Asian markets traded mixed on Tuesday, as investors remained cautious ahead of British Prime Minister Theresa May’s speech on Brexit and President-elect Donald Trump’s inauguration stateside at the end of the week.
In her speech, May is expected to outline plans for the United Kingdom’s plans to exit the European Union.
On Monday, British pound fell to three-month lows, following local media reports that suggested May will announced a “clean” and “hard” Brexit, pulling the country from European market and European customs union, in exchange for the ability to control immigration laws and leave the jurisdiction of the European Court of Justice.
“The PM is expected to walk a fine line between providing enough information on the government’s intentions, without necessarily showing too much of Britain’s negotiating hand ahead of official discussions with the EU,” said Rodrigo Catril, a currency strategist at the National Australia Bank, in a note.
The pound traded at $1.2046, up slightly, as of 10:28 a.m. HK/SIN on Tuesday. The euro gained against the pound, with the pair up 0.11 percent at 0.8803.
Japan’s Nikkei Stock Average traded down 0.50 percent, retracing some of its earlier losses of near 1 percent, while the Topix index slipped 0.66 percent.
The yen traded at 114.12 at 10:26 a.m. HK/SIN, retreating from an earlier session high of 113.81, but climbing from levels above 116 to the dollar in the previous week on safe haven demand.
“The yen was driven on the back of risk aversion as outsized movement on pound/yen was the primary driver,” explained Stephen Innes, a senior trader at OANDA, in a note. “There has been less focus on the dollar/yen pair after last week’s hefty position clear out.”
The pound/yen cross fell from levels above 140 in the previous week to about 137.47 on Tuesday morning Asia time.
The currency’s relative strength kept major Japanese exporters under pressure. Shares of automakers Toyota dropped 0.50 percent, Nissan was up 0.22 percent, after reversing losses of 0.6 percent, and Honda was off by 1.07 percent, while electronics maker Sharp fell 2.01 percent.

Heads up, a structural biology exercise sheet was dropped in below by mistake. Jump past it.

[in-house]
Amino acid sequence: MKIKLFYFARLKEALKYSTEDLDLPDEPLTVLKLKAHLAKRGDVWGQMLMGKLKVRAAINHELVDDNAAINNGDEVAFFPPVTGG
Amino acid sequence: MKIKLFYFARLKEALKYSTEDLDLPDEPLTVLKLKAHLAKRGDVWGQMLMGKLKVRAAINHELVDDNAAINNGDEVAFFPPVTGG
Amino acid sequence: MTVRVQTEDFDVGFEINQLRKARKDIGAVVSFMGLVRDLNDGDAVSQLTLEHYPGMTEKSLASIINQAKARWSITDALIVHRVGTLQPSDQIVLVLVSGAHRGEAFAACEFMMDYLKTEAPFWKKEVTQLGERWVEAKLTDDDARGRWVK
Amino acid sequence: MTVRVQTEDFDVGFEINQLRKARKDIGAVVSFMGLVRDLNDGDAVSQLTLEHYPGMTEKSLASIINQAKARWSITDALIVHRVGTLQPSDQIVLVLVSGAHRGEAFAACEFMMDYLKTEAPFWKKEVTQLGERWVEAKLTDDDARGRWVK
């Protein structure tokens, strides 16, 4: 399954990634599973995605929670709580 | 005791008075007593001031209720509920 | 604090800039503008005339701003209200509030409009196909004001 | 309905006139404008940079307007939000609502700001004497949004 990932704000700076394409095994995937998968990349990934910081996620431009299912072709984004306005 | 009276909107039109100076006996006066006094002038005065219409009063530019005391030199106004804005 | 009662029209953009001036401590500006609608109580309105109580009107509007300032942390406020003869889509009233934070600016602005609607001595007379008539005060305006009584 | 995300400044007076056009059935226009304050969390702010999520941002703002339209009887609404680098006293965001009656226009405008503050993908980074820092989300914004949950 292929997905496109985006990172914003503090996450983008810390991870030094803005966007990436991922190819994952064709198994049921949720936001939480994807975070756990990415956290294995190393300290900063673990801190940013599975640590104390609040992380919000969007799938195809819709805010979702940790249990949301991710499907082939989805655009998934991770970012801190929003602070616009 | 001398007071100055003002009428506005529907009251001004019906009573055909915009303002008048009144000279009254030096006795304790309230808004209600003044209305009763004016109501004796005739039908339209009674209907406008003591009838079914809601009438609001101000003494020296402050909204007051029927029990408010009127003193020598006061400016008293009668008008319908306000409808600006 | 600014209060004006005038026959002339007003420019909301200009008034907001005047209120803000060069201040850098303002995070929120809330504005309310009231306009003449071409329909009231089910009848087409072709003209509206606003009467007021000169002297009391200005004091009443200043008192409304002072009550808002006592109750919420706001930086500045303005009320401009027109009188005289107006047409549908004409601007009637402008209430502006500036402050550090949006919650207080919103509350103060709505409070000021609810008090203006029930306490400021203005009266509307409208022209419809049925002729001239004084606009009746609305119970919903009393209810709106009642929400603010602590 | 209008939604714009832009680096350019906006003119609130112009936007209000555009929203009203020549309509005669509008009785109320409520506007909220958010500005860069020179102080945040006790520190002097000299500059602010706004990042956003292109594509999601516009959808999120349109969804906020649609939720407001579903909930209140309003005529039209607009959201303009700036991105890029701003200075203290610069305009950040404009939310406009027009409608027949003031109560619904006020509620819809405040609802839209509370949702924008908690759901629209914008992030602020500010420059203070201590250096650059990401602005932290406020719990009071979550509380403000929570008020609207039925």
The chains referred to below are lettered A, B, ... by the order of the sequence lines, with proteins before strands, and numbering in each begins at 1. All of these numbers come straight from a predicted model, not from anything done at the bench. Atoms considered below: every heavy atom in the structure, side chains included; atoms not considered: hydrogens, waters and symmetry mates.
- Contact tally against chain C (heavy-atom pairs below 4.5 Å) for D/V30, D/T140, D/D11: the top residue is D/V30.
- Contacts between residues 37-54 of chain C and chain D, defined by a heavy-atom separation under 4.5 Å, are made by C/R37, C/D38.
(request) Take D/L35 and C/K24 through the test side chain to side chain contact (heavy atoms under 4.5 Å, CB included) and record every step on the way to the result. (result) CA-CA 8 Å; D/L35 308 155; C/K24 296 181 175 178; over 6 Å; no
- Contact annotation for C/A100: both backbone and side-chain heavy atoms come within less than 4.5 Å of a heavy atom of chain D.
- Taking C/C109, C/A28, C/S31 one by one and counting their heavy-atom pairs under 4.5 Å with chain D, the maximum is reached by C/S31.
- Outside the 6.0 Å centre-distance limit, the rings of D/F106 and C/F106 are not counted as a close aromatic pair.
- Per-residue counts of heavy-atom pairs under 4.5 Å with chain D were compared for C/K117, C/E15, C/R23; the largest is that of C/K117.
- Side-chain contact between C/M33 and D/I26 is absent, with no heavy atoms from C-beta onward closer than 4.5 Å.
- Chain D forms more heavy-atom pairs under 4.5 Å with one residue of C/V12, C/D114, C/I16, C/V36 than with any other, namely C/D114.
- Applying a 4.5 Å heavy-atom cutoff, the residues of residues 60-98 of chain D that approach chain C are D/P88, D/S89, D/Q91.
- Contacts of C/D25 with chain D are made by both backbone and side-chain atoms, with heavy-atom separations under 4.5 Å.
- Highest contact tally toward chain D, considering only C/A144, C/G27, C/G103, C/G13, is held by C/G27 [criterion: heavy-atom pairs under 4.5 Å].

Across the Korean Strait, the Kospi bucked the downward regional trend to climb 0.57 percent.
Samsung Group shares appeared mostly steady, with Samsung Electronics up 2 percent, Samsung SDI up 1.3 percent and Samsung C&T down 0.4 percent. Samsung Engineering, on the other hand, declined 3.1 percent.
Seoul’s central district court is said to hold a hearing on Wednesday morning local time to decide whether it will approve an arrest warrant for the head of Samsung Group, Jay Y. Lee, after South Korea’s special prosecutors’ office accused him of paying millions of dollars in bribe to a friend of President Park Geun-hye.
Australia’s benchmark ASX 200 was down 0.79 percent in afternoon trade, with most sectors lower.
The financial sector was off 0.98 percent, with major banks selling off. Shares of ANZ fell 1.43 percent, Commonwealth Bank of Australia off by 0.86 percent, Westpac down by 0.85 percent and the National Australia Bank off by 1.06 percent.
Chinese mainland markets traded mixed, with the Shanghai composite down 0.14 percent and the Shenzhen composite up 0.06 percent. Hong Kong’s Hang Seng index advanced 0.36 percent.
In the broader currency market, the dollar strengthened against a basket of currencies to trade at 101.56, compared to its last close at 101.18. The Australian dollar fetched $0.7469, climbing from levels below $0.7350 last week.
In company news, Australian miner Rio Tinto released its fourth quarter and full year 2016 production results and provided guidance for 2017.
Iron ore shipments from Pilbara came in at 327.6 million tonnes for 2016, which was in line with guidance, and about 3 percent higher than 2015 numbers. For 2017, Rio Tinto expects Pilbara shipments to be between 330 and 340 million tonnes.
Meanwhile, mined copper production in 2016 climbed 4 percent on-year, but came in below expectations.
Shares of Rio Tinto fell 1.08 percent, erasing earlier gains of more than 1.2 percent. Other major resources producers also fell,with BHP Billiton down 0.11 percent and Fortescue down 2.37 percent.
Stateside, markets were closed Monday for a public holiday. But analysts said Donald Trump’s recent comments have done little to ease market concerns, particularly over the future of Sino-U.S. relations.
“While (his) comment that he wouldn’t name China as a currency manipulator on “day one” was seen as a positive.
He also said that his adherence to the One China policy depends on progress by China on trade issue,” said Catril, pointing out given Beijing’s sensitivity to trade issues, the comments have “not been seen as conducive to ease tension between the two countries.”